Grokking Modern System Design Interview for Engineers & Managers
Ace your System Design Interview and take your career to the next level. Learn to handle the design of applications like Netflix, Quora, Facebook, Uber, and many more in a 45-min interview. Learn the RESHADED framework for architecting web-scale applications by determining requirements, constraints, and assumptions before diving into a step-by-step design process.
The Nextafter32
function is used to find the next representable float32
value after/between the two provided arguments. This function is basically the 32-bit version of the Nextafter
function. Nextafter32
returns the number immediately after x
that is between x
and y
(x
and y
being the first and second arguments for the function).
To use the Nextafter32
function, you must import the math
package in your file and access the Nextafter32
function within it using the .
notation (math.Nextafter32
). Here, Nextafter32
is the actual function, while math
is the Go package that stores the definition of this function.
The definition of the Nextafter32
function inside the math
package is as follows:
The Nextafter32
function takes two arguments of type float32
:
x
: This is an argument of type float32
. The Nextafter32
function finds the next representable float32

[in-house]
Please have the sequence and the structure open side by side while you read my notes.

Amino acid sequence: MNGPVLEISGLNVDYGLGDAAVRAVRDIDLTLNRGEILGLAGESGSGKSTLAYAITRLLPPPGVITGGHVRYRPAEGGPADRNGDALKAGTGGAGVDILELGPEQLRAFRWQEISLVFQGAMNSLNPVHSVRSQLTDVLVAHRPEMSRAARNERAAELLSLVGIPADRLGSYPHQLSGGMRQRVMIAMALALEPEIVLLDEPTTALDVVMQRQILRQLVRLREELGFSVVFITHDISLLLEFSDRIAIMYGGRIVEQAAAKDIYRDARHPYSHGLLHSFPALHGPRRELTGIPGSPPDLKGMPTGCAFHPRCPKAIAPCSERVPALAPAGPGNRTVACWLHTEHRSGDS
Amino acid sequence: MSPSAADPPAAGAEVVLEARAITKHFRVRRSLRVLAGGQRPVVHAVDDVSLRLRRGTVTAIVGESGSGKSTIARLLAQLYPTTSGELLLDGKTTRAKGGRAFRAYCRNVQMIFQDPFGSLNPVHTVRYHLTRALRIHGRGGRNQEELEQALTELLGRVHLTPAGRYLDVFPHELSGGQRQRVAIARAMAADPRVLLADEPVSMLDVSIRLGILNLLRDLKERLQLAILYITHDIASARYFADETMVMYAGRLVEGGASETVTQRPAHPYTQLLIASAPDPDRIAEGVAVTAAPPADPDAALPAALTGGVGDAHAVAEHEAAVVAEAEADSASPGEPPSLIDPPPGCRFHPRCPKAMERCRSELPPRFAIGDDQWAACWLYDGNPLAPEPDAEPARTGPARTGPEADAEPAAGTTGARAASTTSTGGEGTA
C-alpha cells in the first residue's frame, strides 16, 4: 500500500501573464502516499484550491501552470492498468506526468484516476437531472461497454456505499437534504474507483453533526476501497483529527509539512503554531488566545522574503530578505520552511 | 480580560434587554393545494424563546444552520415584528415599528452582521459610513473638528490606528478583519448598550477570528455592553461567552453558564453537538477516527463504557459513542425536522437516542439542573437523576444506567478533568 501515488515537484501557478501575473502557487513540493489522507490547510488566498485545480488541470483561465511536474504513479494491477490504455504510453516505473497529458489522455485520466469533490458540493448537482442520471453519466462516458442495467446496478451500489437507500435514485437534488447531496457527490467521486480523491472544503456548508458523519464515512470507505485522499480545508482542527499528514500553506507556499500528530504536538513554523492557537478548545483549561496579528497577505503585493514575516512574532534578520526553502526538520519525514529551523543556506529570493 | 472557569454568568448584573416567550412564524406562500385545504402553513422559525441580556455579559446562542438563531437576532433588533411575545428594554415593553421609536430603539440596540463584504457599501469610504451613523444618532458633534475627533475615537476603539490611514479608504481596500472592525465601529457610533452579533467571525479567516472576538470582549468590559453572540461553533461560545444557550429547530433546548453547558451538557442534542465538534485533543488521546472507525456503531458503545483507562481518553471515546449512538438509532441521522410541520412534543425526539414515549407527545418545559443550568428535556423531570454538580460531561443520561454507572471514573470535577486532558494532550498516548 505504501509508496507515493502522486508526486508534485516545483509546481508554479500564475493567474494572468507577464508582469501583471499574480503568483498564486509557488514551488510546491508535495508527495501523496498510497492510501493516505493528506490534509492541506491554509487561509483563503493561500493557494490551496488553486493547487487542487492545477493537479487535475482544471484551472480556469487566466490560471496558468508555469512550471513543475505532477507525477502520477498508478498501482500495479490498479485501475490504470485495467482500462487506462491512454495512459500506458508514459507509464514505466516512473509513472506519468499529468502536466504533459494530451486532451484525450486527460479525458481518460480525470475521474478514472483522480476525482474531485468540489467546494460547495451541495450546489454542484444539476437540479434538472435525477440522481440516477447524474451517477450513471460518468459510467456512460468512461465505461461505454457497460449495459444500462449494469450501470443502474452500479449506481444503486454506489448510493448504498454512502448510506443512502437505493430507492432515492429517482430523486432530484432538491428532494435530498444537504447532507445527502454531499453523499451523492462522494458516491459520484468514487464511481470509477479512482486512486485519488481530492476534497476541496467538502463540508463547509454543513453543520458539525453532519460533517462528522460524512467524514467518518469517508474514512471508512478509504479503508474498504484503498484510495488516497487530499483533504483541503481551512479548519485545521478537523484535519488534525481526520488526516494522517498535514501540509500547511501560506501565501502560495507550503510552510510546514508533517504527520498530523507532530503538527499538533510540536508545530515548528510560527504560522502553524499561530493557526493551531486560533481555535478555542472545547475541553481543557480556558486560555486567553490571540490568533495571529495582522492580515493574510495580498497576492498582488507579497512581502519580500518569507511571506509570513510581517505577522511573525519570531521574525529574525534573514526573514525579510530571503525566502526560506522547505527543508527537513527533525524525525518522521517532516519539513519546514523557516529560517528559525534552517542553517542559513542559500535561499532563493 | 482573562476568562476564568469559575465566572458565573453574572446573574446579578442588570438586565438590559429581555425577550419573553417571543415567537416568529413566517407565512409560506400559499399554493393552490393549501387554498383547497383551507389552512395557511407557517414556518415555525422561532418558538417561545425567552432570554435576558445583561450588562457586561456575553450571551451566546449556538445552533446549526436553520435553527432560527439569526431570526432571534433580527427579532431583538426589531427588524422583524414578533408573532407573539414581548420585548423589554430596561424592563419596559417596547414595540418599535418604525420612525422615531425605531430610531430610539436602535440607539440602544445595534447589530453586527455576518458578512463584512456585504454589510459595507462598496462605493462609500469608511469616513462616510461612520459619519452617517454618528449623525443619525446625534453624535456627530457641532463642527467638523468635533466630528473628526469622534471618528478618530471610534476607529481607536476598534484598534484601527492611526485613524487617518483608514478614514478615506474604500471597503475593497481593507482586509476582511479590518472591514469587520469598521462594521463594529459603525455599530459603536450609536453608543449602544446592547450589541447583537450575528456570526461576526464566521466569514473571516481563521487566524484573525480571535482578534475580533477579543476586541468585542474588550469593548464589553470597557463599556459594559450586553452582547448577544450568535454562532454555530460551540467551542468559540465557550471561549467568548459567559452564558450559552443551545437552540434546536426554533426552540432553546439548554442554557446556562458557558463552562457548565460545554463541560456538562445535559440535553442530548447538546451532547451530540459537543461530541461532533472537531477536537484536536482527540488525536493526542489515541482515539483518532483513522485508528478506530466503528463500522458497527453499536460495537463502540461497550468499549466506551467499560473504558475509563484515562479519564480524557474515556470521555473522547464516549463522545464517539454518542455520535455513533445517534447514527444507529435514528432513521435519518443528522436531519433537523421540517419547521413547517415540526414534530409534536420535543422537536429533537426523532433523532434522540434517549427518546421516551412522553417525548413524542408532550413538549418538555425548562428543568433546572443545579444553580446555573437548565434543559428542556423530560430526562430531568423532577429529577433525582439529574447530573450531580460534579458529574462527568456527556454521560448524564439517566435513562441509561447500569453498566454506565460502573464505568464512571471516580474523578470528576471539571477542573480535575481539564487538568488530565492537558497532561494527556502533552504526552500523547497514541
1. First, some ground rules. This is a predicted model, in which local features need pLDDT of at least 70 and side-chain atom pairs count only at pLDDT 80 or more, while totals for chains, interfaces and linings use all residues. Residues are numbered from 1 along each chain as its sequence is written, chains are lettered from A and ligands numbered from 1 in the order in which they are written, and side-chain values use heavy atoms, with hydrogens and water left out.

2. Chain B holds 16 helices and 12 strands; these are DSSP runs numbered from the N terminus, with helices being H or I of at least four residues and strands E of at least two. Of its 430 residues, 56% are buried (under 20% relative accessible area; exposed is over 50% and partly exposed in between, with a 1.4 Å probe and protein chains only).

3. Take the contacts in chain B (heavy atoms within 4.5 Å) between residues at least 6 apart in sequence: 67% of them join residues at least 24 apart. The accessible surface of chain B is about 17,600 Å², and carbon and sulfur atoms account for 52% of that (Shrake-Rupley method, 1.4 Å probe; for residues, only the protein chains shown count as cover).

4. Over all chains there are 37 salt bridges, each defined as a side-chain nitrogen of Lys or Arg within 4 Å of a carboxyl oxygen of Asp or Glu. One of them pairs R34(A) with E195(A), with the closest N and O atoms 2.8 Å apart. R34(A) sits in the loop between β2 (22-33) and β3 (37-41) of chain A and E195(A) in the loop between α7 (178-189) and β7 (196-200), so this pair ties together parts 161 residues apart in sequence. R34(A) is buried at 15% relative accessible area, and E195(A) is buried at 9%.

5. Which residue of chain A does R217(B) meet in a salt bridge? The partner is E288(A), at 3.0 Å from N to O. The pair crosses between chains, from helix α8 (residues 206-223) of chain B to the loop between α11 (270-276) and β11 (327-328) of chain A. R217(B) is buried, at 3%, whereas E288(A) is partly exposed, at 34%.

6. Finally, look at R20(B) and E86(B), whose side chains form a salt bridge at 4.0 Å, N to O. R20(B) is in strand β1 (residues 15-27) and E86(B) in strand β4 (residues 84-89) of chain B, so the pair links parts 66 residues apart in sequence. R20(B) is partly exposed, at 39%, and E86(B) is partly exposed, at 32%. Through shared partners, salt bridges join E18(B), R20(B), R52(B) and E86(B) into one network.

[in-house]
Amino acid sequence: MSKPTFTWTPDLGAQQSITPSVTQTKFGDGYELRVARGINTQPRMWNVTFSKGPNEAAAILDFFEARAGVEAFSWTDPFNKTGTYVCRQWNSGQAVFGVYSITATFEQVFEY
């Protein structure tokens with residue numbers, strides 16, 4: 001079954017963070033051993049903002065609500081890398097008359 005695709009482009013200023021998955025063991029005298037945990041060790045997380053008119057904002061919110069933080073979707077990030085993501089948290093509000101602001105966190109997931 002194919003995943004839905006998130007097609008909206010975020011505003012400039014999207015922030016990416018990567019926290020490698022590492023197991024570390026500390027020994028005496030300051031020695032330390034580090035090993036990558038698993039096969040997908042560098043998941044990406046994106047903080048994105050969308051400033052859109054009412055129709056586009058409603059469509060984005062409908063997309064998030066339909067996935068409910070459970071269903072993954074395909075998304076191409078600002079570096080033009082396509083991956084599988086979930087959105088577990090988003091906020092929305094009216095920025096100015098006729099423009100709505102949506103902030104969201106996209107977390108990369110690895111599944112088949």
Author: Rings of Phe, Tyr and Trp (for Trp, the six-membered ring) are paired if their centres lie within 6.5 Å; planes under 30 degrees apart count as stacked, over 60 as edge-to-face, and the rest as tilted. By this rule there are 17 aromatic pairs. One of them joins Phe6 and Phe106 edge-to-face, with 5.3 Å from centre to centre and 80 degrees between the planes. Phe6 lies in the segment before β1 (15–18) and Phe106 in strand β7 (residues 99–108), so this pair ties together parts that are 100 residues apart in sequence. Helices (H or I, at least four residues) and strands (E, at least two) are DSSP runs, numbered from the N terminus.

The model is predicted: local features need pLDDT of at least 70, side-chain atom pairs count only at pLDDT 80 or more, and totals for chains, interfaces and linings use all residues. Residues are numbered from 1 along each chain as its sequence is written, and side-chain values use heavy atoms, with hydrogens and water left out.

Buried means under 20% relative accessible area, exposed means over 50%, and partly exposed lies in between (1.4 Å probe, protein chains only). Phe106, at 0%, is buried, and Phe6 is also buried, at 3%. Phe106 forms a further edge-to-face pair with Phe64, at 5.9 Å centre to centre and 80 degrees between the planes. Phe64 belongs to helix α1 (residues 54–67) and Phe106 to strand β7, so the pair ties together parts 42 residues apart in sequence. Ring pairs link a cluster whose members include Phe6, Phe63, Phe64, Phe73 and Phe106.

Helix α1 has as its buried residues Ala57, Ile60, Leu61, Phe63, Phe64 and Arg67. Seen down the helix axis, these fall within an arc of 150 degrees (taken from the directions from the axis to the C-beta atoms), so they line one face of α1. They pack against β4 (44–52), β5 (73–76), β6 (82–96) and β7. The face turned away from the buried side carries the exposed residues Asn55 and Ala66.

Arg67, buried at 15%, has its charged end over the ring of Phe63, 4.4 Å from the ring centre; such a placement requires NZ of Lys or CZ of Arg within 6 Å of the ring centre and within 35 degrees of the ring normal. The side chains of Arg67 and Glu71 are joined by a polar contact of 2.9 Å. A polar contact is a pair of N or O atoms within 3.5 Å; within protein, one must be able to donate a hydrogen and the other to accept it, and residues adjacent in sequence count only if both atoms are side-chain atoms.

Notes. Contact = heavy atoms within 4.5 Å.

value after x
.
y
: This is an argument of type float32
. The Nextafter32
function finds the next representable float32
value after x
that is in the direction of y
.
The Nextafter32
function returns a single value of type float32
that represents the next representable float32
number after x
that is in the direction of y
.
Some special cases are when you pass something that is infinity, 0
, or NAN
as an argument:
If both arguments are the same value, let’s say x
, then the Nextafter32
function returns that value (x
).
If either of the two arguments is of type NAN
, then the return value is also NAN
.
Below is a simple example where we find out the next representable float32
number after $5.35$ towards $1$:
package mainimport("fmt""math")func main() {var x float32 = 5.35y := math.Nextafter32(x,1)fmt.Print("The next representable float32 after ", x," is ", y)}
The example below shows how the Nextafter32
function handles two identical arguments:
package mainimport("fmt""math")func main() {y := math.Nextafter32( 1 ,1)fmt.Print("The next representable float32 after ", 1," is ", y)}
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Grokking Modern System Design Interview for Engineers & Managers
Ace your System Design Interview and take your career to the next level. Learn to handle the design of applications like Netflix, Quora, Facebook, Uber, and many more in a 45-min interview. Learn the RESHADED framework for architecting web-scale applications by determining requirements, constraints, and assumptions before diving into a step-by-step design process.